There are two types of trusts that could be established as a depository for the funds collected: (1) a third-party trust and (2) a self-settled special needs trust. A third party trust is one set up in the name of someone or some entity other than the beneficiary of the funds. Funds would be paid into the trust rather than to the beneficiary directly.

A self-settled trust is one established for the benefit of a disabled person who is under the age of 65. Federal law allows a disabled person to retain assets in a self-settled trust without compromising the right to retain governmental benefits. However, upon the death of the individual the self-settled trust provides that Medicaid receives any funds remaining in the trust up to the amount that Medicaid expended on the individual’s care.

If funds collected are substantial, a stand-alone self-settled trust can be created by a parent, grandparent, legal guardian or court for the benefit of the disabled person. The trust itself then will bear the bulk of the expenses of creating and administering the trust.

However, if the fund-raising is not as successful as anticipated, generating limited amounts to pour into the trust, a pooled self-settled trust is the better choice. The pooled trust is established and maintained by a nonprofit organization. Each individual receives a separate subaccount, but the assets are pooled for investment and management purposes. In the case of a pooled trust, the beneficiary may establish the trust for his or her own benefit.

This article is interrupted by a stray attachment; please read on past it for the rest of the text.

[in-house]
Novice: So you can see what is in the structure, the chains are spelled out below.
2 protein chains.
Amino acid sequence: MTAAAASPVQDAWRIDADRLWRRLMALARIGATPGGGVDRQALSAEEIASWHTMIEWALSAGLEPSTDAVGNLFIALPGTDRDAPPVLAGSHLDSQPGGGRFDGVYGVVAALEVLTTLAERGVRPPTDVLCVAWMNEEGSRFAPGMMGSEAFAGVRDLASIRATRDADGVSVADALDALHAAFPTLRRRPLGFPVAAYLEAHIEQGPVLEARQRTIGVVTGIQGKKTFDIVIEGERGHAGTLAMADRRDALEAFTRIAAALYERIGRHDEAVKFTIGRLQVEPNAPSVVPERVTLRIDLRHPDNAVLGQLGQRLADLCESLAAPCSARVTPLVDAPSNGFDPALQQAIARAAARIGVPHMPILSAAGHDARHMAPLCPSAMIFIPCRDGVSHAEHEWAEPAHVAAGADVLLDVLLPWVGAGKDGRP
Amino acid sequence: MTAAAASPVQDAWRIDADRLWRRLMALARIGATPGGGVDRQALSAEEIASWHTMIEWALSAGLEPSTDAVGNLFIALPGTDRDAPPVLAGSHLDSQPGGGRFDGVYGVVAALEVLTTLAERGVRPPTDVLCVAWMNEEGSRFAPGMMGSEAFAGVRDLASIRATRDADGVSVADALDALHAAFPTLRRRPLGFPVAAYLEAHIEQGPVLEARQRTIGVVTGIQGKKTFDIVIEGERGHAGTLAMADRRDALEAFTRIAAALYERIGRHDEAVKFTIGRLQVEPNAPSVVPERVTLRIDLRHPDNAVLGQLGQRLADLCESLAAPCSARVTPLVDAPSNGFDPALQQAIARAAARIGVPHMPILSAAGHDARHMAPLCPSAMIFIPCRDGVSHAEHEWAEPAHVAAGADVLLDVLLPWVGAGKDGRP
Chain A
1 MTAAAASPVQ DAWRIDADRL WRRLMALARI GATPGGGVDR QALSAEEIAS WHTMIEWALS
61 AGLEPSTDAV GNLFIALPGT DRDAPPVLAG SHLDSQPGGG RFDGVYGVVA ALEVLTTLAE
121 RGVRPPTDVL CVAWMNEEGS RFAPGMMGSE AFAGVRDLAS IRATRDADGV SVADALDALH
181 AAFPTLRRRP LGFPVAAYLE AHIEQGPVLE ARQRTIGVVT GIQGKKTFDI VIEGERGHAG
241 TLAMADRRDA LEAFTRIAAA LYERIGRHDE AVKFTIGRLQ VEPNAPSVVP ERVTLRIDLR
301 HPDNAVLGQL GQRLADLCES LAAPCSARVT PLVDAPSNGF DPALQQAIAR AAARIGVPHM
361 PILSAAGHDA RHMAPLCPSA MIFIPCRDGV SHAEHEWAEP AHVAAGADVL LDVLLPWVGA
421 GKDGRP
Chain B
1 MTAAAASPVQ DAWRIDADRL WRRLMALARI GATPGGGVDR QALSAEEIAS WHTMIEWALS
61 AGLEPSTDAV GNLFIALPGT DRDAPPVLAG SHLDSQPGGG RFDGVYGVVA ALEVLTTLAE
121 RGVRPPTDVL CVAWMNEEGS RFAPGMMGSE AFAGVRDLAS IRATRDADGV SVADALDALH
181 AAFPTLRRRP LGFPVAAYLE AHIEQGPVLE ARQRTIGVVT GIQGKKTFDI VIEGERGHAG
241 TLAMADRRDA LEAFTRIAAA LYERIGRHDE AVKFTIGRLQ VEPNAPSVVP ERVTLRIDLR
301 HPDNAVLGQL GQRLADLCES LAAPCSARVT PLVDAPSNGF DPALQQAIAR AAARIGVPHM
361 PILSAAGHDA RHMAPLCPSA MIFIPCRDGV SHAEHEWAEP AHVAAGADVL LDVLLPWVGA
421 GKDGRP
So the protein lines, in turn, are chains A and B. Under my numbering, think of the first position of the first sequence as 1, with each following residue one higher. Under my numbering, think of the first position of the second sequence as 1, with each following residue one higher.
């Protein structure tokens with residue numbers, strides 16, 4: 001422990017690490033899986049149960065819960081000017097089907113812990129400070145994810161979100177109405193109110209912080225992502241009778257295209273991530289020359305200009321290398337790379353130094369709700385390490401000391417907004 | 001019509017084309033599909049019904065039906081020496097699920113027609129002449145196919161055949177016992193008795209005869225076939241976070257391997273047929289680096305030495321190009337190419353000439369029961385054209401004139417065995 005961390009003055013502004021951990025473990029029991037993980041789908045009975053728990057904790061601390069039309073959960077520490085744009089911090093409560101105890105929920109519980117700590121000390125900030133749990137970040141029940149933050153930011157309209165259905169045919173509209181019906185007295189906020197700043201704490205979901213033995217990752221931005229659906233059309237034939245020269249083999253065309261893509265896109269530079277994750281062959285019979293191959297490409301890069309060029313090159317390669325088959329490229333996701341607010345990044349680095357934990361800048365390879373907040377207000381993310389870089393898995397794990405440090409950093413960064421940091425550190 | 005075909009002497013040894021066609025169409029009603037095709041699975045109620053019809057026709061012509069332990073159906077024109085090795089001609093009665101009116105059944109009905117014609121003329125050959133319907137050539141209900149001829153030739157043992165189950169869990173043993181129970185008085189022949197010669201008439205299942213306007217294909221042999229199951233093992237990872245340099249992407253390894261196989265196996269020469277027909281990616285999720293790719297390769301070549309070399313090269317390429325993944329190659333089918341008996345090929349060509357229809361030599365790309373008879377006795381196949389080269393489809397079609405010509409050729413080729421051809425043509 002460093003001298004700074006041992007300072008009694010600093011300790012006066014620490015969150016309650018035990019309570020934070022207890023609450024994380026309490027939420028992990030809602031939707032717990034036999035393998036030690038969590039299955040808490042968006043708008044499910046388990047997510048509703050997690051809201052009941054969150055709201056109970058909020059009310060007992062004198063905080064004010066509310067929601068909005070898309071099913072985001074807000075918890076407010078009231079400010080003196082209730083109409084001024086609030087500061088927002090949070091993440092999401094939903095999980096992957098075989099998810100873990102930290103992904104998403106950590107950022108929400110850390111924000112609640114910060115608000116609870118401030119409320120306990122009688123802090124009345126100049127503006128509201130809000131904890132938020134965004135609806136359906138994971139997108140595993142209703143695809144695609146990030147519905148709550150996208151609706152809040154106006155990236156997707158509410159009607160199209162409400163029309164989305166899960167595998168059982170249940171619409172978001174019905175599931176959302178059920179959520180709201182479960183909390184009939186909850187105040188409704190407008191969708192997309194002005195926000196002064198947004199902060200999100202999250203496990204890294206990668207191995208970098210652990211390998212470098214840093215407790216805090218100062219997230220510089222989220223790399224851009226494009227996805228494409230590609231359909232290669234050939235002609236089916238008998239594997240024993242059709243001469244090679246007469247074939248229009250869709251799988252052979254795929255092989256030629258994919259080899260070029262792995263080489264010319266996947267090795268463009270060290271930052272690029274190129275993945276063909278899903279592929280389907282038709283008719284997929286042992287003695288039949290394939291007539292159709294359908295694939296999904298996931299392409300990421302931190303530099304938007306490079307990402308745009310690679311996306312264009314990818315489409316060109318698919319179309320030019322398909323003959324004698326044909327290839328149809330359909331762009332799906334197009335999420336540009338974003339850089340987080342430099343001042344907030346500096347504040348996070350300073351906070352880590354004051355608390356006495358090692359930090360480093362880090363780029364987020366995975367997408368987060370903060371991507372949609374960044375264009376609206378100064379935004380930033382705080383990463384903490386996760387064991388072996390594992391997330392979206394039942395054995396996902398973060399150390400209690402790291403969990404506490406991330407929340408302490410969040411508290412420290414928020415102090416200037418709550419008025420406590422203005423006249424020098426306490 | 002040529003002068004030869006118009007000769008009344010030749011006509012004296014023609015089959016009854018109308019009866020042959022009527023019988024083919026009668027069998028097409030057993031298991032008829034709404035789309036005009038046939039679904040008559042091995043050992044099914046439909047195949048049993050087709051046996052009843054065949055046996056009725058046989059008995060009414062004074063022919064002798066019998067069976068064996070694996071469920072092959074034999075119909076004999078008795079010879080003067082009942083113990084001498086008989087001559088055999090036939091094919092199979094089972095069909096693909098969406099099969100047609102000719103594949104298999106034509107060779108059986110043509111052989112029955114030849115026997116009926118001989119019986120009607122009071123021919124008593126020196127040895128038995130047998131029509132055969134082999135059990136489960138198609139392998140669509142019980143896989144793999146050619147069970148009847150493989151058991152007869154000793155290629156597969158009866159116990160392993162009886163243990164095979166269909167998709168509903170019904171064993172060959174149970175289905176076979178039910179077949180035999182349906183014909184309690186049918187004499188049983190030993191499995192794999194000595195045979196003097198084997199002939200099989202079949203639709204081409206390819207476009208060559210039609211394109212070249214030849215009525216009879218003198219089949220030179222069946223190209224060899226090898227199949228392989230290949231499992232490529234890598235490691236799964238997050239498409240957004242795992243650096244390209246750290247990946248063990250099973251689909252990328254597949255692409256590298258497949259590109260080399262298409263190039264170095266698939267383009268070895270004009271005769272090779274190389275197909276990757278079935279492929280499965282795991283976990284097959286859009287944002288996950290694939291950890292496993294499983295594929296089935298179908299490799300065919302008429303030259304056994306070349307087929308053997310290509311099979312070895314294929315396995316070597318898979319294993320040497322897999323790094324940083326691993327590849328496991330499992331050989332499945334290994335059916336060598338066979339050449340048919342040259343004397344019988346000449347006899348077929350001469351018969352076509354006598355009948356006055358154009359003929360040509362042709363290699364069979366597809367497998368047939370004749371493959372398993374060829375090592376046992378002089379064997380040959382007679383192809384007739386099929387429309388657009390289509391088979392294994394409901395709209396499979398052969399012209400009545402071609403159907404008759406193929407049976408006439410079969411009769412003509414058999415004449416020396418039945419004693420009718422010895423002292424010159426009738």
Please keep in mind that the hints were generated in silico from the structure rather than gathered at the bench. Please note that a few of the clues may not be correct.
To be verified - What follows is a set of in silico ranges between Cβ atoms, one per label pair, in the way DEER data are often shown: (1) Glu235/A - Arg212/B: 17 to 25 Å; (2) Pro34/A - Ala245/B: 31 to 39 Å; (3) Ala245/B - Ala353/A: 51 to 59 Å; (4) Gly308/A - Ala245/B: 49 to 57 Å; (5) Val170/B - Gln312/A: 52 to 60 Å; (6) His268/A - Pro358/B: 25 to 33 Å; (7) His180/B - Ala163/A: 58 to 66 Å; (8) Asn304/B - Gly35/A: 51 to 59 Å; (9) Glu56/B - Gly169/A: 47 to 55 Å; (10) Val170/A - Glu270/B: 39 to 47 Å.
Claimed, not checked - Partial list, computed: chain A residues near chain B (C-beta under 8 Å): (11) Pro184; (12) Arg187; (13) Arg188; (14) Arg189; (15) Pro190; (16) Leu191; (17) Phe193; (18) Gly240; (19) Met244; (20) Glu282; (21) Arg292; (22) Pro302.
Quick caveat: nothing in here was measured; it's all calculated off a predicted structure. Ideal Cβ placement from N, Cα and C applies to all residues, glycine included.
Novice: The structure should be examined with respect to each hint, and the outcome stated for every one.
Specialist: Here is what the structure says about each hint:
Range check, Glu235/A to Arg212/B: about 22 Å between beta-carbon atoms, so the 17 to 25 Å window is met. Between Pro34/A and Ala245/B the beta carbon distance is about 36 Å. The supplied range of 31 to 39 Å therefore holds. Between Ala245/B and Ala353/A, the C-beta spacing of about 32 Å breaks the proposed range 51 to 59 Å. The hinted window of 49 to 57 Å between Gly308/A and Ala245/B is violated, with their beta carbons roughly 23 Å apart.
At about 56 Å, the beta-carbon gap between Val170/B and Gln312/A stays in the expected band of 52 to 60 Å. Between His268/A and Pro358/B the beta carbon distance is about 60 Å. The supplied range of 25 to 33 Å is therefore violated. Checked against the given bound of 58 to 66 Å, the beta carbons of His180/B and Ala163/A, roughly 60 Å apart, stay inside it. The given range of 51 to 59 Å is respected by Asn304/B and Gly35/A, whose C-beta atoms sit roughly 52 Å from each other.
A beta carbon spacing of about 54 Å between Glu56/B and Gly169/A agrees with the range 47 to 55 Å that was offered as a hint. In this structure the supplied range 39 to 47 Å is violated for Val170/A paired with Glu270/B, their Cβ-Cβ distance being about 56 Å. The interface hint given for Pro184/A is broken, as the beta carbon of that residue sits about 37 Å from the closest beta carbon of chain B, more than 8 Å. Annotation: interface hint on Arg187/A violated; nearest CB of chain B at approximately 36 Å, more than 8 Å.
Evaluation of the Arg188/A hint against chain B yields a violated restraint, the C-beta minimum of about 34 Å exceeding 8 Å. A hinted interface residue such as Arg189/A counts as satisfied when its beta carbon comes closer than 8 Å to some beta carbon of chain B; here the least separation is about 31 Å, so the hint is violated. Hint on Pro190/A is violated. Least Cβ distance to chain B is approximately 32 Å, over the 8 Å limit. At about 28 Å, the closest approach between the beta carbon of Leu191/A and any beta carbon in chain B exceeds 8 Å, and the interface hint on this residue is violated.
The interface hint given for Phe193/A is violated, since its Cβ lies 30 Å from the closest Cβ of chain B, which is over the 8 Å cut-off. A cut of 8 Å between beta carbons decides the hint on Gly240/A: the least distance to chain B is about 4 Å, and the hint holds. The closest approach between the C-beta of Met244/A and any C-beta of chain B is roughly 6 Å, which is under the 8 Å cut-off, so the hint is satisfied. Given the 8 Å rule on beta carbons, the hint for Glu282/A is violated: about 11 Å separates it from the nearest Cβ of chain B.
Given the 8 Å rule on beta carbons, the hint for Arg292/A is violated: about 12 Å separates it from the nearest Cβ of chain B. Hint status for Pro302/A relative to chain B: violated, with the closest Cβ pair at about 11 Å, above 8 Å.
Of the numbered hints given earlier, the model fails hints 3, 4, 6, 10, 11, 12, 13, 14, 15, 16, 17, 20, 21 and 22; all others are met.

For Whose Benefit Should Funds Be Collected?

The funds should be sought for the benefit of the trust rather than for the benefit of the individual who will ultimately received them. Therefore, the language used in soliciting is crucial.

Whether to use a third-party trust or a self-settled trust will depend, in part, on how the fund was set up to receive the donations. For instance, if the money comes in the form of a check, the funds are attributed to the person whose name is on the check. If the check is made out to the beneficiary, the beneficiary is considered the recipient of the income.

Typically, fundraisers will take the practical approach of designating cash payments as to the beneficiary. If the funds go directly to the beneficiary, the third-party trust will not be an alternative. A self-settled special needs trust will be the only option.

Going into the season with a spirit of generosity makes the holidays richer. But take special care to actually meet the goal of helping others rather than unwittingly jeopardizing important means-tested benefits.

Sandra W. Reed is an attorney living and practicing in Glen Rose.  She is of counsel with the elder law firm Katten & Benson in Fort Worth.  If you have any questions, you may contact her by phone at 254-797-0211 or by email at

Leave a Reply

Your email address will not be published. Required fields are marked *

You may use these HTML tags and attributes: <a href="" title=""> <abbr title=""> <acronym title=""> <b> <blockquote cite=""> <cite> <code> <del datetime=""> <em> <i> <q cite=""> <strike> <strong>